Three Little Words
"Seriously?!" exclaimed my next-door cube neighbor in disgust today. "I think developers just select words at random to use as street names. I just got a literature request from someone on Technology Forest Drive." We all laughed - cubicle walls don't really exist in our office etiquette-free environment - and she added, "Really, it could be anything. Flute Potatoes Avenue."
I didn't laugh as enthusiastically at that one, because frankly, I was kind of jealous I didn't think of it first.
We complain - or at least I do - about words being used without regard to their meaning. Yet I'm rather forcibly reminded, by a recent episode in my nineteen-year-old daughter's dating life, of how certain words have lost a great deal of the impact they used to have for me.
Katie has a new boyfriend she was very excited about a week ago, and is thinking about breaking up with now (assuming she hasn't already). A few days ago she came to me with a furrow in her young brow. "I told Jake I love him," she said, troubled. "We were at a party and I'd had a couple of drinks. But I really don't love him."
I didn't particularly see the problem, but Katie felt the need to call Jake the next day and clarify that she was, in fact, not in love with him. "Are you breaking up with me??" he asked. "Oh, no," she said, "just I don't actually love you, that's all." "Oh," he said.
Personally, I would have just let it go. Saying "I love you" to men you don't actually love, I tried to explain to my innocent young daughter, is just a normal part of the female condition, and probably male as well. You say it. You didn't really, really mean it. Worse yet, you say those tender yet insincere words to someone who responds with something awkward like "Ummmm," or a little more debonair, such as "Awwww" or "That's sweet" or "Thank you." Which is what Jake did (I believe Katie told me he is an "Ummmm" man, and I can respect that; awkwardness is not a quality I disparage in any way).
But it's funny, now that I think about it, because when I was in my teens and twenties, those three little words seemed to matter far, far too much to be uttered in vain. And that's not just a girl thing. My first serious boyfriend, my sophomore year in college, once took me to a Moody Blues concert at Zilker Park. They sang "Nights in White Satin." We clung together throughout the song and he sang along softly in my ear, and it would have been only THE MOST ROMANTIC THING THAT EVER HAPPENED ON THE FACE OF THE EARTH, except that every time the chorus got to "I love you" he switched to humming. Words meant things.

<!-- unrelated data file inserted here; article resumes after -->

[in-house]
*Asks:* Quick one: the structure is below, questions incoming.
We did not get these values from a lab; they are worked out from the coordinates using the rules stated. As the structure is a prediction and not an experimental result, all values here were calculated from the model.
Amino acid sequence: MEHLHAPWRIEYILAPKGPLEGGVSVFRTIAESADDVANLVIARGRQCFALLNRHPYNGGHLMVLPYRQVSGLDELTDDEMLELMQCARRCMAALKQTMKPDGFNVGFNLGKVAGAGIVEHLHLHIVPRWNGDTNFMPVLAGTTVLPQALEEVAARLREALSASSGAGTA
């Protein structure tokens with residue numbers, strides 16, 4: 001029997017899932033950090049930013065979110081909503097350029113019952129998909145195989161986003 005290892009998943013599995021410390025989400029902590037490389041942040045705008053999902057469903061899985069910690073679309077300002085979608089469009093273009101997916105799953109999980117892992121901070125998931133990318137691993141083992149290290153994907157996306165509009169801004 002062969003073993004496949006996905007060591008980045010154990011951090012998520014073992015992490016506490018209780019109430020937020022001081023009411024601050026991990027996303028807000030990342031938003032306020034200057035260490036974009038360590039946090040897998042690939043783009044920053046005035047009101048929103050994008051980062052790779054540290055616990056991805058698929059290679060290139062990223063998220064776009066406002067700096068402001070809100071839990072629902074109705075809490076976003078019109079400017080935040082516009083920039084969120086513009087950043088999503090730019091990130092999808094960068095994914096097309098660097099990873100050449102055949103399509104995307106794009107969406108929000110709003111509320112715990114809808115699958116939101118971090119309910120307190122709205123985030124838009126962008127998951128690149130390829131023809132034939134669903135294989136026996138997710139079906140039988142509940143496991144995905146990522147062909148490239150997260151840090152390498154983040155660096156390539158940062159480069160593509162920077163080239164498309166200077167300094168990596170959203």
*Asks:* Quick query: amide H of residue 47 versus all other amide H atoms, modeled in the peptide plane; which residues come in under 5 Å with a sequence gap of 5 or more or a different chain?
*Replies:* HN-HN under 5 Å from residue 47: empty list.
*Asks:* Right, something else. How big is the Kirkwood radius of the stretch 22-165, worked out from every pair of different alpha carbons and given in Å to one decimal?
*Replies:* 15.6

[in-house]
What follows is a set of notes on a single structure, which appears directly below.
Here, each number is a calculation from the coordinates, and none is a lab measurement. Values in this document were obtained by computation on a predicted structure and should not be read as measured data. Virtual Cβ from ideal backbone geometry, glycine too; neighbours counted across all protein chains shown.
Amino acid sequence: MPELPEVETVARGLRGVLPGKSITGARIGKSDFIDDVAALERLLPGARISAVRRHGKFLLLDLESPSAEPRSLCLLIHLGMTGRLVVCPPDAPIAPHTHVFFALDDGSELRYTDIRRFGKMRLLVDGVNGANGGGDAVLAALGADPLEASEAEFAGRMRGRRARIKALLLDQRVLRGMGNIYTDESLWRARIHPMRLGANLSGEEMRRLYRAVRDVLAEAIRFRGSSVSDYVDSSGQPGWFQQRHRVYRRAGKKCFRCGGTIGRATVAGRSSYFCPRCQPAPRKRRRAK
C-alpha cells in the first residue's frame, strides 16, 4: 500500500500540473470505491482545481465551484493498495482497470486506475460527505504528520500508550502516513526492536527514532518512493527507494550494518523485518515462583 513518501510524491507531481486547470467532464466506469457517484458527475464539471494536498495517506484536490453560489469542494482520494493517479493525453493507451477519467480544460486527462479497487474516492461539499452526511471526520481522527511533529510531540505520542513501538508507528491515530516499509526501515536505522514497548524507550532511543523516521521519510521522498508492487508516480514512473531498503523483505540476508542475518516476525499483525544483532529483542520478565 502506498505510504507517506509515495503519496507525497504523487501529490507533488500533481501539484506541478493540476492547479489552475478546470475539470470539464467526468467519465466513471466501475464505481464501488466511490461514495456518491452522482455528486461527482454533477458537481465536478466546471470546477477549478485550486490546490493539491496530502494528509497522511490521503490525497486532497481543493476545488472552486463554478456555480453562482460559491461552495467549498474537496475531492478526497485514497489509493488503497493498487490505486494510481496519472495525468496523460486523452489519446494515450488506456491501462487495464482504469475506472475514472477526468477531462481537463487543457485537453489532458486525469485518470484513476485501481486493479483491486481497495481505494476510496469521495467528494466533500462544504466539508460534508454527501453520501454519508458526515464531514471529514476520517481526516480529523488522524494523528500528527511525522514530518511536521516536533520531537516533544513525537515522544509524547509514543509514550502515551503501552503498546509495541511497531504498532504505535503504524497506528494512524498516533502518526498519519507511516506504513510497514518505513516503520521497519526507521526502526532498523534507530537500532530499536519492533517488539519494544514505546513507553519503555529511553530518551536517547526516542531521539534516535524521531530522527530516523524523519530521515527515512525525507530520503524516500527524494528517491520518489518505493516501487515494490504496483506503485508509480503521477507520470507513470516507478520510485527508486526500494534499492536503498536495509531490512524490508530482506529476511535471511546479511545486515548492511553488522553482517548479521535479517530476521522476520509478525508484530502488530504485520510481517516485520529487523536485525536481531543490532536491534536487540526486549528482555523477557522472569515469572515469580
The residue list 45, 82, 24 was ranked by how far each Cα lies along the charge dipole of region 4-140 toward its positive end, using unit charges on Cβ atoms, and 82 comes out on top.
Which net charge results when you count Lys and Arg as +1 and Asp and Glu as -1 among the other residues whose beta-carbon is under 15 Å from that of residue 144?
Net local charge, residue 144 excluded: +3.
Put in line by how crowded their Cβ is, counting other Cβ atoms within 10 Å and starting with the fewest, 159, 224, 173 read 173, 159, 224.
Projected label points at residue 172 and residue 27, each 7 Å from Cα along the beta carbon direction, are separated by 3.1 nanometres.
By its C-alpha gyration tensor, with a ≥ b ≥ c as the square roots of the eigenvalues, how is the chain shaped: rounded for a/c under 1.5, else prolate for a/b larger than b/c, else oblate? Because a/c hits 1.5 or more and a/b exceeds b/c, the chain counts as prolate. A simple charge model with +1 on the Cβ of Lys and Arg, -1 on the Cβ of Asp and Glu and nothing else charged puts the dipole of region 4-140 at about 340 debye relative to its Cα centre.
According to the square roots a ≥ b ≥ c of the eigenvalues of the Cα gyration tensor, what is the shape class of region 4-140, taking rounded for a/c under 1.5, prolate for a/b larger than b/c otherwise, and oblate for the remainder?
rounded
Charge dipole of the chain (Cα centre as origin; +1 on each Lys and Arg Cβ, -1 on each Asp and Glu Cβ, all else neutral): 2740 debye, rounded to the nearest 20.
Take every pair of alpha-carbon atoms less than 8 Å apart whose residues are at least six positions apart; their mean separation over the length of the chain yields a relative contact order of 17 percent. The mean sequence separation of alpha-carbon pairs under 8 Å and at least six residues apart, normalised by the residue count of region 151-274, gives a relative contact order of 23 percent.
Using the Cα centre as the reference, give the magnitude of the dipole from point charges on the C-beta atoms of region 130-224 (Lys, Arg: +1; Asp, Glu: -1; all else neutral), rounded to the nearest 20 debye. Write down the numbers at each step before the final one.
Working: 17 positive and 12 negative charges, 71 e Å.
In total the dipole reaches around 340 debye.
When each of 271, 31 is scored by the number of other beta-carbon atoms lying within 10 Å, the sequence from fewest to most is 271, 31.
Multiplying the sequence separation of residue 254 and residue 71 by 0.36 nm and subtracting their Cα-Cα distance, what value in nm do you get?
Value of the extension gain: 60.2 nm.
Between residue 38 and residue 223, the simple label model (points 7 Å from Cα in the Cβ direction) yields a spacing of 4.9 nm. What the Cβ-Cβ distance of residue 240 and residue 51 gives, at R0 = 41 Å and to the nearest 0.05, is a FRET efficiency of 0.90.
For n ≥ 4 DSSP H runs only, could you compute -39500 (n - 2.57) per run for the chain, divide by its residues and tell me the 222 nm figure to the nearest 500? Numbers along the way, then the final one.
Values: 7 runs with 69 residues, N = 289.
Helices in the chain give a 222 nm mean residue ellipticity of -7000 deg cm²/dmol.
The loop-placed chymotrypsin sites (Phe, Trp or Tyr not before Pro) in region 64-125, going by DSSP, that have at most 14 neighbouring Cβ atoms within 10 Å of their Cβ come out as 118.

Now that I'm past 40, "I love you" doesn't seem quite so untouchable, so sacrosanct. I don't say it dishonestly, but there are so many kinds of love, aren't there? As in, I care about you - or it would be personally devastating to me to do something that would cause you significant pain - or I hate to see what you are going through right now - or I know you well enough to be truly comfortable with you, and being comfortable feels so good. I remember somewhat the fiery passion of "True Love," but it never really worked out in the end, did it? Maybe it turns out that, like every other expression of human language, "I love you" refers to some unspoken middle ground between what the speaker and the hearer believe it to mean.
So do you spend your life stressing about whether you really mean it when you say "I love you"? Or do you teach yourself contentment, and settle down with your sweetheart and your thirty-seven cats in a cottage with climbing roses and a white picket fence on Flute Potatoes Avenue?
I have no clue. I'll have Katie figure it out and get back to you on it, in about 25 years.